Envoy maps out Bosnia reforms, needs troops to stay
BRUSSELS, May 5, 2000 -- (Reuters) The West's top peace envoy to Bosnia mapped out his key reform targets on Thursday, saying the country had crossed a watershed in the Dayton peace process.
But he warned that the international community should not be tempted into cutting the number of peacekeeping troops there as their job could yet become more difficult.
In his latest assessment of efforts to bring long-term stability to Bosnia, Austrian diplomat Wolfgang Petritsch told NATO ambassadors in Brussels the continued presence of NATO-led (SFOR) peacekeepers was essential.
"If we are to have any hope of success...we must have a stable security environment," he said in an address, a copy of which was released to the media.
He said the alliance should not cut troop numbers below the current 20,000, just one third of the initial strength.
"In my opinion we should play safe and be very circumspect about discussing any further reduction of troop levels for the time being."
Petritsch said SFOR's active engagement would become more important as there could be serious resistance to economic and political reforms he is trying to push through, including a clampdown on corruption, the cash cow for Bosnia's three nationalist parties.
"I believe we have crossed a watershed in the Dayton process," he said. "After 1995, the priority was reconstruction. Now...the focus has switched to reform and self-sustainability."
He said his three main challenges were economic reform, accelerating the return of refugees and consolidating institutions in a country ravaged by war in 1992-95.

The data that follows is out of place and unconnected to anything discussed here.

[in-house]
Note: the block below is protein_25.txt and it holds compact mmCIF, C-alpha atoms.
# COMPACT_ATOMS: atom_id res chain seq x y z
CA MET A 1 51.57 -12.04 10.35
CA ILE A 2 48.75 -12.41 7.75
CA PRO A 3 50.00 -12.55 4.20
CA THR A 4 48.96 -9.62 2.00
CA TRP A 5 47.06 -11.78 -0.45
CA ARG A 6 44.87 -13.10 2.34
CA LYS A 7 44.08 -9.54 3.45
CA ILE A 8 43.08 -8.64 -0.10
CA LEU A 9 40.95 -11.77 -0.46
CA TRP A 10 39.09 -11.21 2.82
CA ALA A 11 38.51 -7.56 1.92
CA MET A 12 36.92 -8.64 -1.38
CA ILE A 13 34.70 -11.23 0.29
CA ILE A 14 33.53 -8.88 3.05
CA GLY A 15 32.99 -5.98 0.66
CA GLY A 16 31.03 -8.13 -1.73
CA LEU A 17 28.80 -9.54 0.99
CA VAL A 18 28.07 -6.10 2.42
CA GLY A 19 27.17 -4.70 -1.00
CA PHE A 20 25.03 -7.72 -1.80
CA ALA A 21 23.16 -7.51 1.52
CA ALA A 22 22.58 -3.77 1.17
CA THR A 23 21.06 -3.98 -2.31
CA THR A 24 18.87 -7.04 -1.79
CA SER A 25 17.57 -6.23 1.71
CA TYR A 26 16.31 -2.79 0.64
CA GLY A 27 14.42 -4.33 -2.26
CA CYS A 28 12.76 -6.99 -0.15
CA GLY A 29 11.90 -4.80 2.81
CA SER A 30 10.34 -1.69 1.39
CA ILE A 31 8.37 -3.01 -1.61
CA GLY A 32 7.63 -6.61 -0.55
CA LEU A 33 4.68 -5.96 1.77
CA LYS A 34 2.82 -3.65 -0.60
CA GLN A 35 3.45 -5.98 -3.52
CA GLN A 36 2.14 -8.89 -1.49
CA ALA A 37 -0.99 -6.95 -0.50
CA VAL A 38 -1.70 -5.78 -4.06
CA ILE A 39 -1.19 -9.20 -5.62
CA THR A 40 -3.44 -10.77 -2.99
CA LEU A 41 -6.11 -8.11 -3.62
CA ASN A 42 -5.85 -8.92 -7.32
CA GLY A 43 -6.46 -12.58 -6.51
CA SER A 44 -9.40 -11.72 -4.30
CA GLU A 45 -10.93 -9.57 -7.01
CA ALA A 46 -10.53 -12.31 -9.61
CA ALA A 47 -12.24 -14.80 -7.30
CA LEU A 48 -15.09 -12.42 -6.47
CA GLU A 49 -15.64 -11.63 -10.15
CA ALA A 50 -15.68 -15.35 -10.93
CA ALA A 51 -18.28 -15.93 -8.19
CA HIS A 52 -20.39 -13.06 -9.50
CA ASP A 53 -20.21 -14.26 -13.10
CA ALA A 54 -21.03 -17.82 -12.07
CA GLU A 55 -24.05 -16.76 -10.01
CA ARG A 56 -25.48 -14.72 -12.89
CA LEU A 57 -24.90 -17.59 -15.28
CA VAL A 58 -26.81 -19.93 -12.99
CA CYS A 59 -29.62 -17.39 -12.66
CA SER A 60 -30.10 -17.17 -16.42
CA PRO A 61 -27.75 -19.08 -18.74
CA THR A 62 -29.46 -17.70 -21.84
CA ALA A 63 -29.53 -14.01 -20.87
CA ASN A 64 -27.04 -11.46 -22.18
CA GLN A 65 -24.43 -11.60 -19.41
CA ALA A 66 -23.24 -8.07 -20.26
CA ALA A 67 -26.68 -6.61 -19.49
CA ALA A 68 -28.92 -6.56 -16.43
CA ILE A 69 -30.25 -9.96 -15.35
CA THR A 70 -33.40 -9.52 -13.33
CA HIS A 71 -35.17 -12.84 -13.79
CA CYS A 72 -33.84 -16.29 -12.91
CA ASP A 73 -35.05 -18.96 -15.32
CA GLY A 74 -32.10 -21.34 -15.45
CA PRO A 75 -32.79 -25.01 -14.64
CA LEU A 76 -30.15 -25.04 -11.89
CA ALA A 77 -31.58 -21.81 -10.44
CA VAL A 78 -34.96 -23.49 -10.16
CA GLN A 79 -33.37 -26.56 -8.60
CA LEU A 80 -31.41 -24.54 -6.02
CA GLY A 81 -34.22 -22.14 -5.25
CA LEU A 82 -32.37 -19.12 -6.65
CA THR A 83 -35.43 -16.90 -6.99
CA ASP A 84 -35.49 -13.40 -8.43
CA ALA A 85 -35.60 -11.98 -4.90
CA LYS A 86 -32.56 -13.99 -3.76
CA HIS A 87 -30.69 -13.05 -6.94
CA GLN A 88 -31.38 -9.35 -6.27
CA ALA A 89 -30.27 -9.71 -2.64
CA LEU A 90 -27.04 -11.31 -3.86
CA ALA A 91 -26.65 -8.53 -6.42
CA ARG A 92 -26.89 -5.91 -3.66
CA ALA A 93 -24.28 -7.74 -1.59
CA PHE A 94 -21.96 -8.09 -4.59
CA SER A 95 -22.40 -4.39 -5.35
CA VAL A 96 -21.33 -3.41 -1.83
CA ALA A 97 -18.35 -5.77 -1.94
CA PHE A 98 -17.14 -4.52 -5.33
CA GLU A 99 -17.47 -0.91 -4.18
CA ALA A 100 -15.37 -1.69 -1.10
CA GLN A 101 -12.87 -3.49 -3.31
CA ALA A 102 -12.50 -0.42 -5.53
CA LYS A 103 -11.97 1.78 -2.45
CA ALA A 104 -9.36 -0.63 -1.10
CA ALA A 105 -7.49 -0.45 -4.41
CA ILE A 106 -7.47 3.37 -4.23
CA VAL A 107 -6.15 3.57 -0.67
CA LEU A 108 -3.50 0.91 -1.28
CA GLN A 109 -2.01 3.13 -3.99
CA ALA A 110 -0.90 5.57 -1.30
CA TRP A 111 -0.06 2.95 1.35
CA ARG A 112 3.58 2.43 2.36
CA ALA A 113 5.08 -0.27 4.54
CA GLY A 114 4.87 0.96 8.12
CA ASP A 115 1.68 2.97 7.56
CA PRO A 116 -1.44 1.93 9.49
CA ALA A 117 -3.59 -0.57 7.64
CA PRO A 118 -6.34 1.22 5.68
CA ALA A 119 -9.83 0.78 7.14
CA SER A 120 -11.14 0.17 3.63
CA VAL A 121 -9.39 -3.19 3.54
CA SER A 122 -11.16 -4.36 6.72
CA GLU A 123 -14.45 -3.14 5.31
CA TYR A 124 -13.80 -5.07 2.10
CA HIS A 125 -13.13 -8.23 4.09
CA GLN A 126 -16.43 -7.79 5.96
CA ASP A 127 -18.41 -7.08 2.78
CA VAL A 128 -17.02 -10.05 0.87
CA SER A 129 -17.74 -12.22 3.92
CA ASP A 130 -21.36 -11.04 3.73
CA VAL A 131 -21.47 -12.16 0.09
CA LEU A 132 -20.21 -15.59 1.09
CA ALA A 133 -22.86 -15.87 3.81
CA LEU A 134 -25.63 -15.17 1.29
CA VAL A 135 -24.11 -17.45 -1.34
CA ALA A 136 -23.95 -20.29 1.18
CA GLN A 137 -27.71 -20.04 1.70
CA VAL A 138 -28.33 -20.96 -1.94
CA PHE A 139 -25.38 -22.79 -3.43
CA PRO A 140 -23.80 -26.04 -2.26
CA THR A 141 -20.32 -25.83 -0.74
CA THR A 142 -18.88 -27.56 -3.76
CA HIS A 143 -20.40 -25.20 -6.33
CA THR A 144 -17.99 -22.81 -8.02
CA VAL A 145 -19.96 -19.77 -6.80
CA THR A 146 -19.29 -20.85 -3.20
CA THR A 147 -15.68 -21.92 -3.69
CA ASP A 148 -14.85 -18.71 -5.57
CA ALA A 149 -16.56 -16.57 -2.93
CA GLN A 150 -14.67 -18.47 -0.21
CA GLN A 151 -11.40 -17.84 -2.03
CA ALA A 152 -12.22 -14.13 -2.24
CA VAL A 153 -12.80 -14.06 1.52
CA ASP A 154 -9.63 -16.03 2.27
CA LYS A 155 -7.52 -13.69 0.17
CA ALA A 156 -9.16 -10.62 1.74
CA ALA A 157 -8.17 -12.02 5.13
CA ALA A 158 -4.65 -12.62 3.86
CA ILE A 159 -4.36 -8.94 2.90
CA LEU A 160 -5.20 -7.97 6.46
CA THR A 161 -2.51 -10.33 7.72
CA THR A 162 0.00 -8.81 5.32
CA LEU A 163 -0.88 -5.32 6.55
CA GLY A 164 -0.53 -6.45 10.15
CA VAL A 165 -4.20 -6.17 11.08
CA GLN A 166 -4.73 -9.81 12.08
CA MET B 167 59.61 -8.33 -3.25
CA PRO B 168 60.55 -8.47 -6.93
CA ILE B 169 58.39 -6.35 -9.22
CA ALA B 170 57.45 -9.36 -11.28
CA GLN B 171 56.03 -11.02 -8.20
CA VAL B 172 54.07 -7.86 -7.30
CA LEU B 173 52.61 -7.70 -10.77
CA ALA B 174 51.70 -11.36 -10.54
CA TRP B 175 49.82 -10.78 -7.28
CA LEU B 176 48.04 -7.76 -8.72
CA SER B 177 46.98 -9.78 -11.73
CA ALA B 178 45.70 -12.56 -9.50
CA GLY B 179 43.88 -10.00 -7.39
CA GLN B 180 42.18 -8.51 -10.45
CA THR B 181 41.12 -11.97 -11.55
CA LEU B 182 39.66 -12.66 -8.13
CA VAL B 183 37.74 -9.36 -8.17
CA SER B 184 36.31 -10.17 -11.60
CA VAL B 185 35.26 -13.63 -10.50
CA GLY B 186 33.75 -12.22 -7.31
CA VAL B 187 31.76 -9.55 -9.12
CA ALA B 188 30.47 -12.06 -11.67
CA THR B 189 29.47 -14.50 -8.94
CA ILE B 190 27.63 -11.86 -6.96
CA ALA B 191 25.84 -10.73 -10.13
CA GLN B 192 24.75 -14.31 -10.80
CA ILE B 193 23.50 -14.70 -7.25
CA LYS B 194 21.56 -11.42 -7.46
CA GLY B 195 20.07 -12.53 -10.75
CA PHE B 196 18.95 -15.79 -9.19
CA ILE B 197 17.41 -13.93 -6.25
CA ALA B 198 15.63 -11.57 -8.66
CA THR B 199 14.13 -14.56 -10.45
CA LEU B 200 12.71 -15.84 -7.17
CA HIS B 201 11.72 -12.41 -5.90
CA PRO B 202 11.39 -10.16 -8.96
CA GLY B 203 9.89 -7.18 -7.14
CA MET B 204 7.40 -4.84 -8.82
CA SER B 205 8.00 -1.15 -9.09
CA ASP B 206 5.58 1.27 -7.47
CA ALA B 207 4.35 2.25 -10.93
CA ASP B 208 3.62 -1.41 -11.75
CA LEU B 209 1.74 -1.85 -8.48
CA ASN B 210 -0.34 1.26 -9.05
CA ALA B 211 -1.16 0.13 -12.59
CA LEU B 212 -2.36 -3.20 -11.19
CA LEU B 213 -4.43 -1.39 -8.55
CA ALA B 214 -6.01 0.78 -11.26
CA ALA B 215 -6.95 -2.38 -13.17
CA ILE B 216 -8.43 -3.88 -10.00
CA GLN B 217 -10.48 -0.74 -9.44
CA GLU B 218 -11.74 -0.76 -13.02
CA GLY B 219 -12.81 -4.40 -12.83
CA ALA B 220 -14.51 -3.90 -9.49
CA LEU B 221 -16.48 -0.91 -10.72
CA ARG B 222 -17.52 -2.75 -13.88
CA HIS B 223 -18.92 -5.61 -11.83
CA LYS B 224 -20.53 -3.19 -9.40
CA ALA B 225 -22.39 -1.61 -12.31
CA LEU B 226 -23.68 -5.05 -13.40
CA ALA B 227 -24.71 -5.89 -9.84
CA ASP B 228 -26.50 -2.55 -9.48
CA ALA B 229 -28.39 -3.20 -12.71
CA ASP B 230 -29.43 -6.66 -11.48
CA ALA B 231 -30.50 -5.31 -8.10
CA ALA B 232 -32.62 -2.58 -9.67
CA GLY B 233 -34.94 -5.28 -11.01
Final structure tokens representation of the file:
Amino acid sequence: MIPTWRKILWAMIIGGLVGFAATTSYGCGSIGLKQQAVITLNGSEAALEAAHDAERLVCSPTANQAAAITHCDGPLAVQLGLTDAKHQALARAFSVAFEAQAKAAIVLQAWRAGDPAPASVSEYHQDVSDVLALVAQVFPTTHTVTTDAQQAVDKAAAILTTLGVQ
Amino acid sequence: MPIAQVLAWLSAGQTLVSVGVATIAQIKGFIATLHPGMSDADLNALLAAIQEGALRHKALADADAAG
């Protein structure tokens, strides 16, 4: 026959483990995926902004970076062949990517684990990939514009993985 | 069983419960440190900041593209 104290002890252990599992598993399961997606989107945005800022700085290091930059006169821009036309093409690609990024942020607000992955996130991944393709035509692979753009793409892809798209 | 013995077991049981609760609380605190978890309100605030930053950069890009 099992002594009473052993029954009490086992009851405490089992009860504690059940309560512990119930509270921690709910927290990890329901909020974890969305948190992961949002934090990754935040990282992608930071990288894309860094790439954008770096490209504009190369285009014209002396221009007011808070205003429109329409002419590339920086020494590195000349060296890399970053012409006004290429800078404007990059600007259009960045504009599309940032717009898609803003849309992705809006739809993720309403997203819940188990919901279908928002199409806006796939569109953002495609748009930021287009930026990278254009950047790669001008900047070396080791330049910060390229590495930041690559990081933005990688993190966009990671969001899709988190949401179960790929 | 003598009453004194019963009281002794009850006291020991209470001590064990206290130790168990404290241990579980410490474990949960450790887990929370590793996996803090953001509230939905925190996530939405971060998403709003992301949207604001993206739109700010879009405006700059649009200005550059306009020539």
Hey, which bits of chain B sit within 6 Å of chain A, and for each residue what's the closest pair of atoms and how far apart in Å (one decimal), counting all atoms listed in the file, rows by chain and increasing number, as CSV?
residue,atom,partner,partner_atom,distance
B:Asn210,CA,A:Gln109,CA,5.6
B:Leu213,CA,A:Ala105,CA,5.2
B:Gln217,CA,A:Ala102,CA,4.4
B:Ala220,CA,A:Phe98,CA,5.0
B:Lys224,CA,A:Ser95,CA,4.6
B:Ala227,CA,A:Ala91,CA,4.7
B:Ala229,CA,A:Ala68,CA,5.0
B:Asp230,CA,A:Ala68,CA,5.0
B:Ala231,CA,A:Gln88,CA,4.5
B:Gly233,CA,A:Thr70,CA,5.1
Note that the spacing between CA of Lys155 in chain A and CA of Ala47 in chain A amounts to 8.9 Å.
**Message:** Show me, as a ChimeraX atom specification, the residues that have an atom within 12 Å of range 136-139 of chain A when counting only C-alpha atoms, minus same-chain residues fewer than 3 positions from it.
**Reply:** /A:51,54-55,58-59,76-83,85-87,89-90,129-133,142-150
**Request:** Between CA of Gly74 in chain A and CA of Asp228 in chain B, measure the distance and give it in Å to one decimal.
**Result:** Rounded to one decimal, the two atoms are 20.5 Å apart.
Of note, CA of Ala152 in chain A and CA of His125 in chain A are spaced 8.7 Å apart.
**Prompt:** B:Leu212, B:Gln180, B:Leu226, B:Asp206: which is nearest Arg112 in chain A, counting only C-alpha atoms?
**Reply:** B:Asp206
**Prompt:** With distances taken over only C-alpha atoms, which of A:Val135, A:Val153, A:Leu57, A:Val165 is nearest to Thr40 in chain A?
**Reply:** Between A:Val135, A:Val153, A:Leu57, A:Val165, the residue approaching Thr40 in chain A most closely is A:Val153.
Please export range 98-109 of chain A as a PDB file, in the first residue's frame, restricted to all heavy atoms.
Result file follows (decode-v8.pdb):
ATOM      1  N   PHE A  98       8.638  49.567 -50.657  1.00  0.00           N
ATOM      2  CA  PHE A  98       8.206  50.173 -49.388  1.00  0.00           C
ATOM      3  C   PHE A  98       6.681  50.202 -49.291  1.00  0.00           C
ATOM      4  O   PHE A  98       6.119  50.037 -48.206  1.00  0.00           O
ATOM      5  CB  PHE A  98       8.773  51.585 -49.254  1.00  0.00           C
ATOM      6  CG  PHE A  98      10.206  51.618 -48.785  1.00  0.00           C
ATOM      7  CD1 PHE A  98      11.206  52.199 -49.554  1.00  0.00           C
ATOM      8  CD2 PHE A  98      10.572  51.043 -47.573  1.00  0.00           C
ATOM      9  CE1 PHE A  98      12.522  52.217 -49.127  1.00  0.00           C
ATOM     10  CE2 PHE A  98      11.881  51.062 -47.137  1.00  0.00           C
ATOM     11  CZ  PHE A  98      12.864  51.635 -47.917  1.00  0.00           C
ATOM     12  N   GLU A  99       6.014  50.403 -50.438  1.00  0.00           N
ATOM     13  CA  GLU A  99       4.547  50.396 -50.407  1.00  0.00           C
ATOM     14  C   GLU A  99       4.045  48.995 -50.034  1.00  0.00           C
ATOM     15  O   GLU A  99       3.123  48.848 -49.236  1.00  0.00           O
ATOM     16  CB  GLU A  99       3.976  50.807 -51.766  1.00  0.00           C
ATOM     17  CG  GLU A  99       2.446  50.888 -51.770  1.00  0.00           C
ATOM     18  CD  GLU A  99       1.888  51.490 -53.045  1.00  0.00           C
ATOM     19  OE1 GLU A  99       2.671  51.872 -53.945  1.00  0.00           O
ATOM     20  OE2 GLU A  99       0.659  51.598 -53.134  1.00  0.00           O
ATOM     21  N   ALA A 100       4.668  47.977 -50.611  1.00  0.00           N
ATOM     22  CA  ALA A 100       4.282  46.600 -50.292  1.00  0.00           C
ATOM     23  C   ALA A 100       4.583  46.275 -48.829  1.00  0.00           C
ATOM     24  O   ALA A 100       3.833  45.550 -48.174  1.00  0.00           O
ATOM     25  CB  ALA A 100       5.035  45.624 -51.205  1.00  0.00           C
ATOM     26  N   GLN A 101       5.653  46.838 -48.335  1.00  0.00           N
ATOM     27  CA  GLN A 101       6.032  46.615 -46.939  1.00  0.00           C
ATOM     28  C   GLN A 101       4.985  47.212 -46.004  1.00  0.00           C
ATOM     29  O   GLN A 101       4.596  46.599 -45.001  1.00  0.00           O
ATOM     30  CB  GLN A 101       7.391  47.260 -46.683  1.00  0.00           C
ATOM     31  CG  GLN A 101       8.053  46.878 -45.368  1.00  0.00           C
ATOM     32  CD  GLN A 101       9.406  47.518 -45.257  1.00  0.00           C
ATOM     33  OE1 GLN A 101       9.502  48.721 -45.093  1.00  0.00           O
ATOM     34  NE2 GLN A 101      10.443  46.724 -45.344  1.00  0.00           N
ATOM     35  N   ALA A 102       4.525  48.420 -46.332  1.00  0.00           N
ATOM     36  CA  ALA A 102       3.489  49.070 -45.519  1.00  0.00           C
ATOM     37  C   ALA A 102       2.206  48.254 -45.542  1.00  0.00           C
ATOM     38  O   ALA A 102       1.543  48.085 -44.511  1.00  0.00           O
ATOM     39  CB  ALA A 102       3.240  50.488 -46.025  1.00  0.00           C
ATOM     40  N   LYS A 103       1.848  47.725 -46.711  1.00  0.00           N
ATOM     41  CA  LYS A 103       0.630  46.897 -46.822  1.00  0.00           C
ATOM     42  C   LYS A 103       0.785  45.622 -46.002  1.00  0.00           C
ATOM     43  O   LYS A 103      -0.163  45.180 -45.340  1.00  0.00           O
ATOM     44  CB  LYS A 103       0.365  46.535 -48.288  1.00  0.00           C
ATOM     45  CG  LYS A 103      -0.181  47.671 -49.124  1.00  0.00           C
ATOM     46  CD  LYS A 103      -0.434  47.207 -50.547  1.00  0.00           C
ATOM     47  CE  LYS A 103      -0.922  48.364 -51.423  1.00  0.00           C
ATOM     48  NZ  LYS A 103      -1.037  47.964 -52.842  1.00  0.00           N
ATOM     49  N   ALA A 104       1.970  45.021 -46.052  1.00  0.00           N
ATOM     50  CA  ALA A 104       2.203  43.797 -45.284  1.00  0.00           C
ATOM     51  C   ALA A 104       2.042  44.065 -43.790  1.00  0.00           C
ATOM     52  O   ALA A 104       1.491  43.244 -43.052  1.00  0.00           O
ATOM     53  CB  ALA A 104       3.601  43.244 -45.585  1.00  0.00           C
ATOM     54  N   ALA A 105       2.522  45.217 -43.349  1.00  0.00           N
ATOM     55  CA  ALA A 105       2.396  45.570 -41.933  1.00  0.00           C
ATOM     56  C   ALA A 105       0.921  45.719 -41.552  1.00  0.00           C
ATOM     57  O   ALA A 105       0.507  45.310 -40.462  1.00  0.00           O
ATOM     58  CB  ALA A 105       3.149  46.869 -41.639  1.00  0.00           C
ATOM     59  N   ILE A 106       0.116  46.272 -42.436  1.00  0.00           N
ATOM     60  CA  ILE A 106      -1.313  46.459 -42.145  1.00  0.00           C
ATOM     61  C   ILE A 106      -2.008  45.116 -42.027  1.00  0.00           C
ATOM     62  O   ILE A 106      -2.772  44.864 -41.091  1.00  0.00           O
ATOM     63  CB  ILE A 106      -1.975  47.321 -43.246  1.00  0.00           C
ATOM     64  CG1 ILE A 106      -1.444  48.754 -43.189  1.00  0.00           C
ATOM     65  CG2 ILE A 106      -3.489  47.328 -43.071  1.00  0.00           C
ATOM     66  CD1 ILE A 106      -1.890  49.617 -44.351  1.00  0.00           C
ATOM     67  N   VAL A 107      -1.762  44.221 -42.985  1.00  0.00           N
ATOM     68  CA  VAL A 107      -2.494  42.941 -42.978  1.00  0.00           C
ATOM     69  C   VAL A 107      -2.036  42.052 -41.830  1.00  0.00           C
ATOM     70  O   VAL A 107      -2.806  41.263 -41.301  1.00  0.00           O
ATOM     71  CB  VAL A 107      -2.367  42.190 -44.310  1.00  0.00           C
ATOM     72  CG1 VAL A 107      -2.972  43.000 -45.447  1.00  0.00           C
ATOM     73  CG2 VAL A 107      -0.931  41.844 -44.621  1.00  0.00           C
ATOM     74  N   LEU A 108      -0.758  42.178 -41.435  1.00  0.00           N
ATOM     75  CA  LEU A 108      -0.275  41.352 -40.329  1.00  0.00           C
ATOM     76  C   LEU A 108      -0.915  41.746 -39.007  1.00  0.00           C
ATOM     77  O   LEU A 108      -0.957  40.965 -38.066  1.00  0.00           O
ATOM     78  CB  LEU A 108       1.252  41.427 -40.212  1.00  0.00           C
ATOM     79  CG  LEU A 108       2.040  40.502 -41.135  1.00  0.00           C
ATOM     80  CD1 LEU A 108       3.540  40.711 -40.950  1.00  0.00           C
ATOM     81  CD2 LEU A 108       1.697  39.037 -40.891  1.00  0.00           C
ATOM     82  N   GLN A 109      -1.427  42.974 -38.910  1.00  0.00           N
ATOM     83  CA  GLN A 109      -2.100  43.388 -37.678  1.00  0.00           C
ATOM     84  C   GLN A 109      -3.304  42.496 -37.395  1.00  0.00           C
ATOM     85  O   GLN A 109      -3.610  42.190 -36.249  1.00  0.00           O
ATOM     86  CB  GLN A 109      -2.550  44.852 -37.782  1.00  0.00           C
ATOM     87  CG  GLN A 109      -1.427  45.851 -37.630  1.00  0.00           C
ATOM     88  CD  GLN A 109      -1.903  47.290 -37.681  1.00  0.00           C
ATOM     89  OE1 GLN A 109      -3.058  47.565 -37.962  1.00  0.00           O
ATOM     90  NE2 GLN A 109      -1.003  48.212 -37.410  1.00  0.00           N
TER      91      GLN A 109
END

MOVES TO A NEW DEMOCRACY
He said the West was trying to deconstruct the old political-economic structure that resulted from centuries of authoritarian rule, but acknowledged that this carried a risk of violent resistance.
Petritsch welcomed the recent rise in numbers of refugees returning home, but again warned that this could lead to tensions and spark violence by hardline nationalists.
NATO reckons some 80,000 Bosnians of all ethnic groups went back to their homes last year, double the 1998 figure, and it expects a surge this year, almost 10 years after war broke out.
"Without SFOR protection, the entire process of refugee returns, the centerpiece of the Dayton implementation, could be thrown into jeopardy," Petritsch warned.
"I do not want to sound alarmist, but...our task is still unfinished: some of the hardest parts of it are yet to be encountered," he said. "We are now moving into a decisive phase of peace implementation.
The U.S.-brokered Dayton peace treaty that ended the conflict divided Bosnia into two autonomous regions - the Moslem-Croat Federation and the Serb Republic.
Over 800,000 Bosnian Moslems, Croats and Serbs are still displaced throughout the country, with another 300,000 refugees abroad. The war left 200,000 people dead or missing.